Saturday, 11 July 2009

Bring on the Birdies

Coot Nest in Victoria Park
pencil and coloured pencils in Moleskine sketchbook
copyright Katherine Tyrrell

This year, I've started drawing water birds for the very first time. It sort of goes with the territory. First you have the water - and then the water birds turn up. Water and birds are almost becoming indivisible to me since everywhere I go I see birds when I see water.

Spring was fun with all the tiny birdies coming out to play for the first time. This was after a few weeks of very loud high pitched squawking if anything came near a hidden nest. It took me a while to catch on that was what was going on.

Coots are the sculptors of the waterbird world.

Coots have elaborate 'on the water' nests which are continuously built and repaired it seems while the babes are young. I sketched the family of coots you can see above in Victoria Park. Mum and Dad busied themselves with housework and looking after the nest - which was of course has to be extended extension as their kids grew up and out! It also provided a good chance to study ripples - which are not easy to draw as they change continuously!

Herons on the other hand are complete posers! They also practice nonchalence and studied indifference as a sideline.

Bert takes personal grooming very seriously
pencil in sketchbook

copyright Katherine Tyrrell

Bert - my heron at the Ecology Park Pond - never hides when posing prominently is an option.

On the other hand he never likes his fans to get too close and is much happier if we keep our distance.

I find him completely fascinating because of the contortions he goes through in terms of changing what his body looks like. When he's stretched out he's absolutely enormous and yet he can curl his neck and body up and make himself look very small as well.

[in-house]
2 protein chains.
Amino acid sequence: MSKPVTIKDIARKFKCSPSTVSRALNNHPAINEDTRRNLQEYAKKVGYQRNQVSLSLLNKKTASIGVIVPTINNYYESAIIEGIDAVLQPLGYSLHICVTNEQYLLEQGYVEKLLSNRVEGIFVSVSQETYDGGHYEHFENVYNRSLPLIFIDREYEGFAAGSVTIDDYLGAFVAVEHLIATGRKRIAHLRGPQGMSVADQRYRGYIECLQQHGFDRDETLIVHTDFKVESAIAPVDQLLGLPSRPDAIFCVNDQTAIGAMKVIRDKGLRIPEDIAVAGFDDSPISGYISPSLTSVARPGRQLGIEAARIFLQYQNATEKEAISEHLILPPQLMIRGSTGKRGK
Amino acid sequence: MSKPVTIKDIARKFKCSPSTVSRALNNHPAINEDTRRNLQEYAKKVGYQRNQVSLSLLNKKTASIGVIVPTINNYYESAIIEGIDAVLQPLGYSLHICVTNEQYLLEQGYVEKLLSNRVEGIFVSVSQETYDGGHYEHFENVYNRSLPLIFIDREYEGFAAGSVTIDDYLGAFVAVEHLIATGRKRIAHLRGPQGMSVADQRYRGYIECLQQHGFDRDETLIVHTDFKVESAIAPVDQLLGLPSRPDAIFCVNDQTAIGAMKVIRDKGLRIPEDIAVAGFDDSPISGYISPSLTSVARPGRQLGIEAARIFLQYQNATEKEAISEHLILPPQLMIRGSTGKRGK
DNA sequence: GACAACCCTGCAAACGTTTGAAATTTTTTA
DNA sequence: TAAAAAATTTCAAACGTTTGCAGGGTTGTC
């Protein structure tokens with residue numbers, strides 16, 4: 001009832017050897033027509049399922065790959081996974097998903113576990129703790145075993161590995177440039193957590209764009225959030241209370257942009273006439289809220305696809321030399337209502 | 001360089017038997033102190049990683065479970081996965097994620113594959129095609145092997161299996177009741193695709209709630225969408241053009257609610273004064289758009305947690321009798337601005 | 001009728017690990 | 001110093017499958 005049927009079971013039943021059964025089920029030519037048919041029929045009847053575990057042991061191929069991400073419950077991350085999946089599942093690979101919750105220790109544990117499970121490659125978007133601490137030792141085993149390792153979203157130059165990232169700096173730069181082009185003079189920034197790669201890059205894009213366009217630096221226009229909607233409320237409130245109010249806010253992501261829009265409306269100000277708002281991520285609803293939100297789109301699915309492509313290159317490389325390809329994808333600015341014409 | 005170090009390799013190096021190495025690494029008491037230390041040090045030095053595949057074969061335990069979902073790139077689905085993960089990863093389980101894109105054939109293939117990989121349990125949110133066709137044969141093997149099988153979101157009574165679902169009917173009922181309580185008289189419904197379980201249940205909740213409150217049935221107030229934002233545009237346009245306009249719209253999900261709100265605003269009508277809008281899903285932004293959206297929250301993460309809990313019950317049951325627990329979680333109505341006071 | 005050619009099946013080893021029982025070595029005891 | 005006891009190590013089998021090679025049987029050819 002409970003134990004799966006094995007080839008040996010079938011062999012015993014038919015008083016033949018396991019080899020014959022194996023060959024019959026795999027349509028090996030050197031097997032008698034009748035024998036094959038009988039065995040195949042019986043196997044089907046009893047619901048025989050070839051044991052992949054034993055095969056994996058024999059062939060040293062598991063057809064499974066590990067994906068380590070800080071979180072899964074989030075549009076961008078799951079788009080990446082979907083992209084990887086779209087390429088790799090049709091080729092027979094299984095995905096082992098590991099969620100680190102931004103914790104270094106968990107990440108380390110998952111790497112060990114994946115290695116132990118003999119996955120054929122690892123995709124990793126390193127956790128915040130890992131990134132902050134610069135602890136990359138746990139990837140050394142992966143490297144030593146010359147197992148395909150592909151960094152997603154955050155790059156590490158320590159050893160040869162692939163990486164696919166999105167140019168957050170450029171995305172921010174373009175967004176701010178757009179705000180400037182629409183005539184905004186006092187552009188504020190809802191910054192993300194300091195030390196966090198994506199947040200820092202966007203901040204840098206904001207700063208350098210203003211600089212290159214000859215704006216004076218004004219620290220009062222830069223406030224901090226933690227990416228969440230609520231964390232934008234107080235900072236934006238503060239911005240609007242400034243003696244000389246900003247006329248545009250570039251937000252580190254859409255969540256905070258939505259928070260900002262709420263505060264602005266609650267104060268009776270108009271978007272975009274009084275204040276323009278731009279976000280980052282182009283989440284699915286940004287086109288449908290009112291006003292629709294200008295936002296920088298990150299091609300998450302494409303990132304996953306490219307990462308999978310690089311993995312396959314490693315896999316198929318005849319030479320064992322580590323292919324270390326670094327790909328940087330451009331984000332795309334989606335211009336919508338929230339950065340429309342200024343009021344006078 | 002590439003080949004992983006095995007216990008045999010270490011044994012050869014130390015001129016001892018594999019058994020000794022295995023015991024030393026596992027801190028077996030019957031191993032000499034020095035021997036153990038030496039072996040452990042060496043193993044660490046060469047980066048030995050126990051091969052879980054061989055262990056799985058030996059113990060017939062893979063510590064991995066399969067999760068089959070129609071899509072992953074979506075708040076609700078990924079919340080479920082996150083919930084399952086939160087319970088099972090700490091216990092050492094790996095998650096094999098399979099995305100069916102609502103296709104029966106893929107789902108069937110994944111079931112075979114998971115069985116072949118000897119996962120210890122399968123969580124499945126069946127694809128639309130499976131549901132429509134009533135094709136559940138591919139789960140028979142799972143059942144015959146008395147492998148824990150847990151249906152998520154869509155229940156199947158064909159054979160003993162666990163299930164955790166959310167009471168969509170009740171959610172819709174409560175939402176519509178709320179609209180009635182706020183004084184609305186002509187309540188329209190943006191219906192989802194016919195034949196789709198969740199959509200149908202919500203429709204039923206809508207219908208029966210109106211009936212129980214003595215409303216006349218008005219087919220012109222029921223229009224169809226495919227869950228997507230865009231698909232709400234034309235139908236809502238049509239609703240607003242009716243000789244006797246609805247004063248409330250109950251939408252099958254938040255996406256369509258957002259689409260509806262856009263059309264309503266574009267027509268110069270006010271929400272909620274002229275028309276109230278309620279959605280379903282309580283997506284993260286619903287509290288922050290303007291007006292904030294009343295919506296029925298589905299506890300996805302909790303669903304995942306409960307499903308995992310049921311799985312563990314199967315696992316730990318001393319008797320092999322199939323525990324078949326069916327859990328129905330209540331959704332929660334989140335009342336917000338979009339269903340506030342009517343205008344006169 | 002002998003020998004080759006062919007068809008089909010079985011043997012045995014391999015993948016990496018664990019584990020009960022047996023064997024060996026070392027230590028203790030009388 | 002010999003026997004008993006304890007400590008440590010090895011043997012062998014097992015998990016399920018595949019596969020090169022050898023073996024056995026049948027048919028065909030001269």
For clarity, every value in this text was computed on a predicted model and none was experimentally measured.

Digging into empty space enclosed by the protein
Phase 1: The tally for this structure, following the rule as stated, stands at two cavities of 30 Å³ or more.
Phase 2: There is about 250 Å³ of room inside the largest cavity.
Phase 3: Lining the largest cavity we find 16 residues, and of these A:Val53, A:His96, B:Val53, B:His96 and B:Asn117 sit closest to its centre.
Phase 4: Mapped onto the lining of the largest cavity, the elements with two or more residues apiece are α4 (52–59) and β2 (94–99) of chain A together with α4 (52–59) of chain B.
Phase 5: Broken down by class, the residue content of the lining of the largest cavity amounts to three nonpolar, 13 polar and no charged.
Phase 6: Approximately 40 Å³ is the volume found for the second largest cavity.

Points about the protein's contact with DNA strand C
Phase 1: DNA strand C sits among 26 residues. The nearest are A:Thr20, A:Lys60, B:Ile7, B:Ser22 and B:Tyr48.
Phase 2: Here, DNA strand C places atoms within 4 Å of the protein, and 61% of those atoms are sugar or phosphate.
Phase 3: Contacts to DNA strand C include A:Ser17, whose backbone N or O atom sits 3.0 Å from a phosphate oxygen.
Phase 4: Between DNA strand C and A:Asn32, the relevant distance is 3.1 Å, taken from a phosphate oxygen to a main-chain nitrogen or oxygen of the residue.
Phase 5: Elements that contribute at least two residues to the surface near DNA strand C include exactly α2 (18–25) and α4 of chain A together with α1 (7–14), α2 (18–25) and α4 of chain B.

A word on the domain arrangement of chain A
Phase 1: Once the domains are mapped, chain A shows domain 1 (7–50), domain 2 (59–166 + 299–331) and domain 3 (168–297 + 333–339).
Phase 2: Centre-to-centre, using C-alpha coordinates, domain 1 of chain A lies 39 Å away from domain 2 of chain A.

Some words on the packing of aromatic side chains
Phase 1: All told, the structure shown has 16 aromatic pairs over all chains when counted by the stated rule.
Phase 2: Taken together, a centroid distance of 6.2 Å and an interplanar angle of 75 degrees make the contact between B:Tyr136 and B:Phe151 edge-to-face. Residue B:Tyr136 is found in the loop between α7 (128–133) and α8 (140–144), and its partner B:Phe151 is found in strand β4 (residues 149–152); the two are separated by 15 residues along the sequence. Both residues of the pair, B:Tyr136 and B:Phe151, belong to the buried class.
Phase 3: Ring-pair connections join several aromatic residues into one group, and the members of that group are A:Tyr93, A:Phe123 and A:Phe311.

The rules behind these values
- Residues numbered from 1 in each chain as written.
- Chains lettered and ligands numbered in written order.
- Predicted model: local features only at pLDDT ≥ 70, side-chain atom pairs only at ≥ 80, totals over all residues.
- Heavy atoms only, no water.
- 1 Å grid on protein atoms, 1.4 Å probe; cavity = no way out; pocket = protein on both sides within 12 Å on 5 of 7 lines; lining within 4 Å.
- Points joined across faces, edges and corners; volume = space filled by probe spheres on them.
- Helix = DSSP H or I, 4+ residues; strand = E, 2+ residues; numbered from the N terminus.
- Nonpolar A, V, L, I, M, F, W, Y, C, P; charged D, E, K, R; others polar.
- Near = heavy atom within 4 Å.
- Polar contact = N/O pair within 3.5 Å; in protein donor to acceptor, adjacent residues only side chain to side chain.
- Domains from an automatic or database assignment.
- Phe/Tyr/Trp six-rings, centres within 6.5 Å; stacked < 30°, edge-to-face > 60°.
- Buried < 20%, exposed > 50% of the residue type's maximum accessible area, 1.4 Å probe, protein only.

My sketches of him going through his normal grooming routine (this boy could groom for GB!) were done while sitting on top of the Ecology Pavilion roof looking down at him perched on the rail of Heron Bridge. Which is so named because it's his favourite perching place by far.

He has a routine which is somewhat repetitive and I found it easiest to start several sketches on the same page and then work on whichever one he was in at the time - swopping around as he did.

There's no mistake with the leg. He does all his grooming while standing on one leg. I told you he was a poser!


Africantapestry and Myfrenchkitchen said...

Both very nice sketches Katherine!
You're right, when one starts birdwatching, you really get hooked and before you know it, you're out there with books and binoculars and notebooks and sketchbooks, cameras...the works!

vivien said...

nice - specially the heron

it's amazing the wildlife you get deep in the city

Lindsay said...

I've seen alot of herons but they were always too busy fishing so I learned something new about their grooming behavior.

You really captured quiet a bit of information.

jinx1764 said...

I'm always a sucker for birds. My niece loves coots because they make a cute squawk similar to a fart. Since she's 7 she just thinks that's the funniest thing.

Jeanette said...

I love watching birds as well and its wonderful to see these sketches of them in natural poses, doing their everyday thing.

There are loons that I hear on a pond close to me, but they are elusive and I rarely see them, just hear them. At dusk, the sound has an eerie but oh-so-Canadian feel to it. I must go loon stalking!

Lindsay said...

Katherine, what about starting a bird challenge?

Katherine Tyrrell said...

I think I'd need to get better at drawing birds first!

Lindsay said...

That's precisely the point! I'm doing Jeanette's rock challenge and my poor rocks are looking like pillows. But I'm sure I'll improve by the end of the month! Your birdies have proportion and personality. What more could you ask for;>)